On August 2, Congressman Mike Pompeo (R-Kansas) introduced a bill designed to provide greater regulatory certainty for companies affected by Section 112(r)(1) of the Clean Air Act, commonly known as the General Duty Clause. The General Duty Clause is intended to prevent accidental releases of hazardous substances and to minimize the consequences of any such releases. It states:
“…The owners and operators of stationary sources producing, processing, handling or storing such substances [i.e., a chemical in 40 CFR part 68 or any other extremely hazardous substance] have a general duty [in the same manner and to the same extent as the general duty clause in the Occupational Safety and Health Act (OSHA)] to identify hazards which may result from (such) releases using appropriate hazard assessment techniques, to design and maintain a safe facility taking such steps as are necessary to prevent releases, and to minimize the consequences of accidental releases which do occur.”
According to a press release issued by Congressman Pompeo’s office (the actual text of the bill has not yet been released) the bill, called the General Duty Clarification Act, requires: (1) EPA to complete a rulemaking process before finding any facility in violation of the General Duty Clause; (2) definitions of “extremely hazardous substance,” “appropriate hazard assessment techniques,” and “design and maintain a safe facility” in any General Duty Clause regulation; and (3) EPA to issue guidelines to ensure that EPA enforcement procedures are uniform across its regions. It also prohibits EPA from regulating chemical facility security under the General Duty Clause, reinforcing the exclusive jurisdiction of the Department of Homeland Security over such regulations.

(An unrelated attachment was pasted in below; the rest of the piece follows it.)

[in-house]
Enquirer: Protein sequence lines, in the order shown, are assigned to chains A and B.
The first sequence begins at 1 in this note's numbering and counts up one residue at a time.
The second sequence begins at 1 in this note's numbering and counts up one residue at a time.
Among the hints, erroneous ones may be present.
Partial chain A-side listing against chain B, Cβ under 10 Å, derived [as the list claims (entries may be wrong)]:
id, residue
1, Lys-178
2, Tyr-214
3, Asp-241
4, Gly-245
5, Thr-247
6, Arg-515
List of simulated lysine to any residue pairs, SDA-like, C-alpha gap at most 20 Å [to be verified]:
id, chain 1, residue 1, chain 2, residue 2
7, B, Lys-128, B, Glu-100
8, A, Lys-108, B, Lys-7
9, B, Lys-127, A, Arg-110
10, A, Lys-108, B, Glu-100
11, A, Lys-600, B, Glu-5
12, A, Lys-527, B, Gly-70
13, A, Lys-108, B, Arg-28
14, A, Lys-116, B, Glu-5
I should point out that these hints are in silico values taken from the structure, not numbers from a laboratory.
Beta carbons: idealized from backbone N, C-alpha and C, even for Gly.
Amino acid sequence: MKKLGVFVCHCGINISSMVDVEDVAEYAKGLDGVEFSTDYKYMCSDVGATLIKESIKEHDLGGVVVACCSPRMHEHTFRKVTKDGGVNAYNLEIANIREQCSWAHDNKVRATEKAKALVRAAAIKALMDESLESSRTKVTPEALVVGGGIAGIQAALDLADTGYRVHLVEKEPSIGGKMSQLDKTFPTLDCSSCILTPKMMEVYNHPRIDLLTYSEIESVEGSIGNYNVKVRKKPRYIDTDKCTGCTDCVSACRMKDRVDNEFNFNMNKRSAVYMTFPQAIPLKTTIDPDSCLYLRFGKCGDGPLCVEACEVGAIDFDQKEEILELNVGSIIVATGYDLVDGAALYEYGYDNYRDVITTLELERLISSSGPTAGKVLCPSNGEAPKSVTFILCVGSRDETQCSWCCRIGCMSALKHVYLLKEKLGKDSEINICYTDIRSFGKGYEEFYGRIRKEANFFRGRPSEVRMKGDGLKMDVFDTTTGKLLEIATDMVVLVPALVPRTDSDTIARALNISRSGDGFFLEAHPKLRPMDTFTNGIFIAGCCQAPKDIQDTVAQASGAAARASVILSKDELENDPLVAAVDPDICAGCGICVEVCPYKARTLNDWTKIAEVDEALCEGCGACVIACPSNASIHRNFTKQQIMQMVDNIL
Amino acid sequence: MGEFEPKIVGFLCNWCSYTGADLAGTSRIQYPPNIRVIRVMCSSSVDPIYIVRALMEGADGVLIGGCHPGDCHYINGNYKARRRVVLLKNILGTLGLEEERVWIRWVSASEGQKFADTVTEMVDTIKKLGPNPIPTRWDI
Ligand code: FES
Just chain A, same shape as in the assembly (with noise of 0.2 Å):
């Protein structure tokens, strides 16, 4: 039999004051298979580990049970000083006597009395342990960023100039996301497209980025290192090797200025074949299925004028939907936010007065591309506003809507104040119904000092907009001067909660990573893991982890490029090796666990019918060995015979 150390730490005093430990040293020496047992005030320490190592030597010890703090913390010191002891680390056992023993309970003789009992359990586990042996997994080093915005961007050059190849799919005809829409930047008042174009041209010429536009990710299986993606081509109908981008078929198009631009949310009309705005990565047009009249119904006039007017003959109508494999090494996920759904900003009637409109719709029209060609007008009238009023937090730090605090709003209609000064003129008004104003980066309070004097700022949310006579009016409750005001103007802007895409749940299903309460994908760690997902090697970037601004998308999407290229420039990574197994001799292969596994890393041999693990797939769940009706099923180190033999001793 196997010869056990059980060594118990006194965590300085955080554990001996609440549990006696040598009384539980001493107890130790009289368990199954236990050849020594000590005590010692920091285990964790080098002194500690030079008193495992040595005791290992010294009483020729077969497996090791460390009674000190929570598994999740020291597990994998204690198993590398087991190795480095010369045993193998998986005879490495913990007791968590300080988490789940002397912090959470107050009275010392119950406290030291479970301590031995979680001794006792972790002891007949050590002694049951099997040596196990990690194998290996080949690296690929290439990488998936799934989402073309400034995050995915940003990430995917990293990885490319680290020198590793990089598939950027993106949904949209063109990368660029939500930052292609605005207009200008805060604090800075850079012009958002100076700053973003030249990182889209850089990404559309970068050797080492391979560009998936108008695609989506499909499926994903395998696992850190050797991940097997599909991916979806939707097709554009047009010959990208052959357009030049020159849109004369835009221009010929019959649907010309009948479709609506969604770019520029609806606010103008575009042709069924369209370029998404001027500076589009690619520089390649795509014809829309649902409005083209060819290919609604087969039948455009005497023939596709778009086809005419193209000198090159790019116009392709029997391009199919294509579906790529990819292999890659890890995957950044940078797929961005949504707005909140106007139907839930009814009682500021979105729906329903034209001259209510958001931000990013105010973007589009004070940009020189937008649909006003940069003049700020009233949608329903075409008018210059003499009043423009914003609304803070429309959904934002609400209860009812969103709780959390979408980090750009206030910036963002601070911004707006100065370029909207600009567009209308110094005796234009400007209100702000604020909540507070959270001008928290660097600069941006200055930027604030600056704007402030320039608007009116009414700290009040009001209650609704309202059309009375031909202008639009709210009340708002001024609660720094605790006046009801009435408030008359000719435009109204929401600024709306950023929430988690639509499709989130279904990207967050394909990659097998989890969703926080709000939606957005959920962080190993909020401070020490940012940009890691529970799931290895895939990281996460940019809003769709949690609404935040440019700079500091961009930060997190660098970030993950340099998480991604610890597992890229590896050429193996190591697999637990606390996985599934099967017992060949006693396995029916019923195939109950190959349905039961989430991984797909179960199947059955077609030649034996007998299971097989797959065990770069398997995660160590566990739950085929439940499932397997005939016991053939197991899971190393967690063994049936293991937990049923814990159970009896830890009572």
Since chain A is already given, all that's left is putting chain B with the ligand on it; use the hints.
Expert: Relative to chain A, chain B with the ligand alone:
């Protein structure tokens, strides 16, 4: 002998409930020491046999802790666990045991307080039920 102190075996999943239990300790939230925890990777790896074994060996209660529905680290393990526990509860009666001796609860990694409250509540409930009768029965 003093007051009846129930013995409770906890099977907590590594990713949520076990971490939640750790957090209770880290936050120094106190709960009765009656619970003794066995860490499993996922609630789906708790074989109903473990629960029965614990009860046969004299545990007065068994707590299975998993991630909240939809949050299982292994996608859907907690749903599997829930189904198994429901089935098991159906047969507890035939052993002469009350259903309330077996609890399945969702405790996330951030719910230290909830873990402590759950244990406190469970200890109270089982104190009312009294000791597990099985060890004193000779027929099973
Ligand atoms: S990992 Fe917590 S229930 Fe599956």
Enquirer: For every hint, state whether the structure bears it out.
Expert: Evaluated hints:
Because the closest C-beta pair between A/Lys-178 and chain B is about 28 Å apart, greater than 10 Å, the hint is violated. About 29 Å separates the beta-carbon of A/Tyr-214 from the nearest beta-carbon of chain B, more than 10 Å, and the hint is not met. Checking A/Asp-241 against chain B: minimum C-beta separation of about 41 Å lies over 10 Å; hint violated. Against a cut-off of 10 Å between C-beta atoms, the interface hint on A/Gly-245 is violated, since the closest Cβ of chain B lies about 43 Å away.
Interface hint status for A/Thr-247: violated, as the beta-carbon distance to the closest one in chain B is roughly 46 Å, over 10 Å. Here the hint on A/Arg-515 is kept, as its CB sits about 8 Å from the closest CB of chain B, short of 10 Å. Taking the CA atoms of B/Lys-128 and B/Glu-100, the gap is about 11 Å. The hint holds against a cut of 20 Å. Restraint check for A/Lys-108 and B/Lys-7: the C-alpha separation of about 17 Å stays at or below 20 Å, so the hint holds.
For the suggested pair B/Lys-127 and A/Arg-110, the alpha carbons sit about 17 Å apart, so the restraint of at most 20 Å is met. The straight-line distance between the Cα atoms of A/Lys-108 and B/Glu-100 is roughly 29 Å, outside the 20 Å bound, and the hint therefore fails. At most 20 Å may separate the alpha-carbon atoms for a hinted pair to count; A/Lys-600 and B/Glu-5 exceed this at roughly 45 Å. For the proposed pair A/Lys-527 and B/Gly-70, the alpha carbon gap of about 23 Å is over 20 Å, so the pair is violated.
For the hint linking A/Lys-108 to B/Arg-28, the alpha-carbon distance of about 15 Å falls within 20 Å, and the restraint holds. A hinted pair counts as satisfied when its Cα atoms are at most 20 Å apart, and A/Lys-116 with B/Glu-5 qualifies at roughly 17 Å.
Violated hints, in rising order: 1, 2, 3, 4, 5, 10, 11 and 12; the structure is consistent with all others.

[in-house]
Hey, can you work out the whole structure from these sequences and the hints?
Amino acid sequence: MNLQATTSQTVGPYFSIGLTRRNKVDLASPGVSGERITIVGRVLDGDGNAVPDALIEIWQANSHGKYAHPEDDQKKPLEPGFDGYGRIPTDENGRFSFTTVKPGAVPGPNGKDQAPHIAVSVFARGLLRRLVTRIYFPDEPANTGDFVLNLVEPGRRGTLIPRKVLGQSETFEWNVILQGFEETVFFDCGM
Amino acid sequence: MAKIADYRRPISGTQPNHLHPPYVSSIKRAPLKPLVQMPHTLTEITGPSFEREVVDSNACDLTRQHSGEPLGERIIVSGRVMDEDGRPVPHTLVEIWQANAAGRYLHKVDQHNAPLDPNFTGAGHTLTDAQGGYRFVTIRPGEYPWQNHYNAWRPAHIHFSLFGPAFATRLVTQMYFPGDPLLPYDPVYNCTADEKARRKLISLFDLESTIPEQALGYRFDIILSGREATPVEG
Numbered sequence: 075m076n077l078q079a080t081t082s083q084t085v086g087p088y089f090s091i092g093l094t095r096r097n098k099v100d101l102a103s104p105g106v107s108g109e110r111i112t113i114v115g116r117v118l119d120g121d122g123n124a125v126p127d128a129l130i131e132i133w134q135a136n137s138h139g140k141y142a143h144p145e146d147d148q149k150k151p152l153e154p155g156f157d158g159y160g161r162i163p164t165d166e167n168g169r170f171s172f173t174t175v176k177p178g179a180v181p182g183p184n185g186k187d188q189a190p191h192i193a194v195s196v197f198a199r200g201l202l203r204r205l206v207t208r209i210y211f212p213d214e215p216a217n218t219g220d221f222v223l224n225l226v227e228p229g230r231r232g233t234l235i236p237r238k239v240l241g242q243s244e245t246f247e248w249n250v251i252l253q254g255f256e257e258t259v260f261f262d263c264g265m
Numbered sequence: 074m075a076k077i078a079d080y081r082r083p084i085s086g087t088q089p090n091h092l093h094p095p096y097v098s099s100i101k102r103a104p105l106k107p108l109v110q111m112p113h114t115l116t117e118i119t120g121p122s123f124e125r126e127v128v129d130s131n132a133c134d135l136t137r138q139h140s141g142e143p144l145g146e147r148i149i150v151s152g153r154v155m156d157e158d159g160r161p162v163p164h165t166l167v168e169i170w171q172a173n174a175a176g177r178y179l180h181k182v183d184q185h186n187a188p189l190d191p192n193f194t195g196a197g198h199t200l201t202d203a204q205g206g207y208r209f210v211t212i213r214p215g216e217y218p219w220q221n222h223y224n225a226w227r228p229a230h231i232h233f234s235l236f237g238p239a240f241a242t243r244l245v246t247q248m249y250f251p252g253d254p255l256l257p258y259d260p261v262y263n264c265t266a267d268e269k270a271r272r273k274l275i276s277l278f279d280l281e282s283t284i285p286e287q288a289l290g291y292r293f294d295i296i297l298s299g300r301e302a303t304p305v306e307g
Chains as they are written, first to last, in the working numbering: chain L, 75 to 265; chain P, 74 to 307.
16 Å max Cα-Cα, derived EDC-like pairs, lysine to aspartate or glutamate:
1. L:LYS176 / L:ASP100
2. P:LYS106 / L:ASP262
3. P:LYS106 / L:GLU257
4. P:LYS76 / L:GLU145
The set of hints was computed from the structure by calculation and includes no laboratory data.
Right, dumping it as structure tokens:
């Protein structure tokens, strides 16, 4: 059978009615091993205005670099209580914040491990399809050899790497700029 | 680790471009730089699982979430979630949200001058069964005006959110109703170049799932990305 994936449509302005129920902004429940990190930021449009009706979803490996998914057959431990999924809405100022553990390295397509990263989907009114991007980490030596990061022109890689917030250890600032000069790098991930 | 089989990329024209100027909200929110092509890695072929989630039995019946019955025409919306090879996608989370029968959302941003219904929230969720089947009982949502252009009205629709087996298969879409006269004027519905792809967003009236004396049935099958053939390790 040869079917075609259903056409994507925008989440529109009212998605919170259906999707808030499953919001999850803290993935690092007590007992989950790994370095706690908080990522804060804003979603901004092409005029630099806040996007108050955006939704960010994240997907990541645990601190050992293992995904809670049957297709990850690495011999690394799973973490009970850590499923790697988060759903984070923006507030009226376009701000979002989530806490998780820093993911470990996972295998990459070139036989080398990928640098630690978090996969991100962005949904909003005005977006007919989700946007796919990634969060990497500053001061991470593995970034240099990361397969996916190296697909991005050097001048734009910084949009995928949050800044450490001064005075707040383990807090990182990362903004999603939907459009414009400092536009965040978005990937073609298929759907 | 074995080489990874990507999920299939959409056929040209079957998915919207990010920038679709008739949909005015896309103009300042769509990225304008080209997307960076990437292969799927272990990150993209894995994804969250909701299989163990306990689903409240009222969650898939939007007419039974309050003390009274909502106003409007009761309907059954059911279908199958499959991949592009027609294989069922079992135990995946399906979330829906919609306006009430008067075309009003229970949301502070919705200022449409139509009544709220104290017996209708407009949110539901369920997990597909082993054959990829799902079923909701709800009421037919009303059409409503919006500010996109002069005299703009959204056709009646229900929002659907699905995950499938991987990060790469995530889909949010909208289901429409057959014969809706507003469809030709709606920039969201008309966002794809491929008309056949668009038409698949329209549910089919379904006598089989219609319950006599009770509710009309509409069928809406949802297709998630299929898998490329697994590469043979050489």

Prior to the formal introduction of the bill, seventeen trade associations, including the National Association of Chemical Distributors, American Chemistry Council, National Association of Manufacturers, American Petroleum Institute, American Forest & Paper Association, and the U.S. Chamber of Commerce, sent a letter of support for the bill to all members of the House of Representatives. The letter notes industry concerns over arbitrary application of the General Duty Clause and the fact that EPA has not issued any proposed rule detailing enforcement or compliance requirements in the 22 years since the General Duty Clause was passed as part of the 1990 Clean Air Act amendments.
Combining environmental experience with our governmental relations practice, the Bradley Arant Boult Cummings Environmental Practice Group regularly works with congressional representatives to advance industry concerns regarding Clean Air Act issues, as well as a broad range of other environmental issues.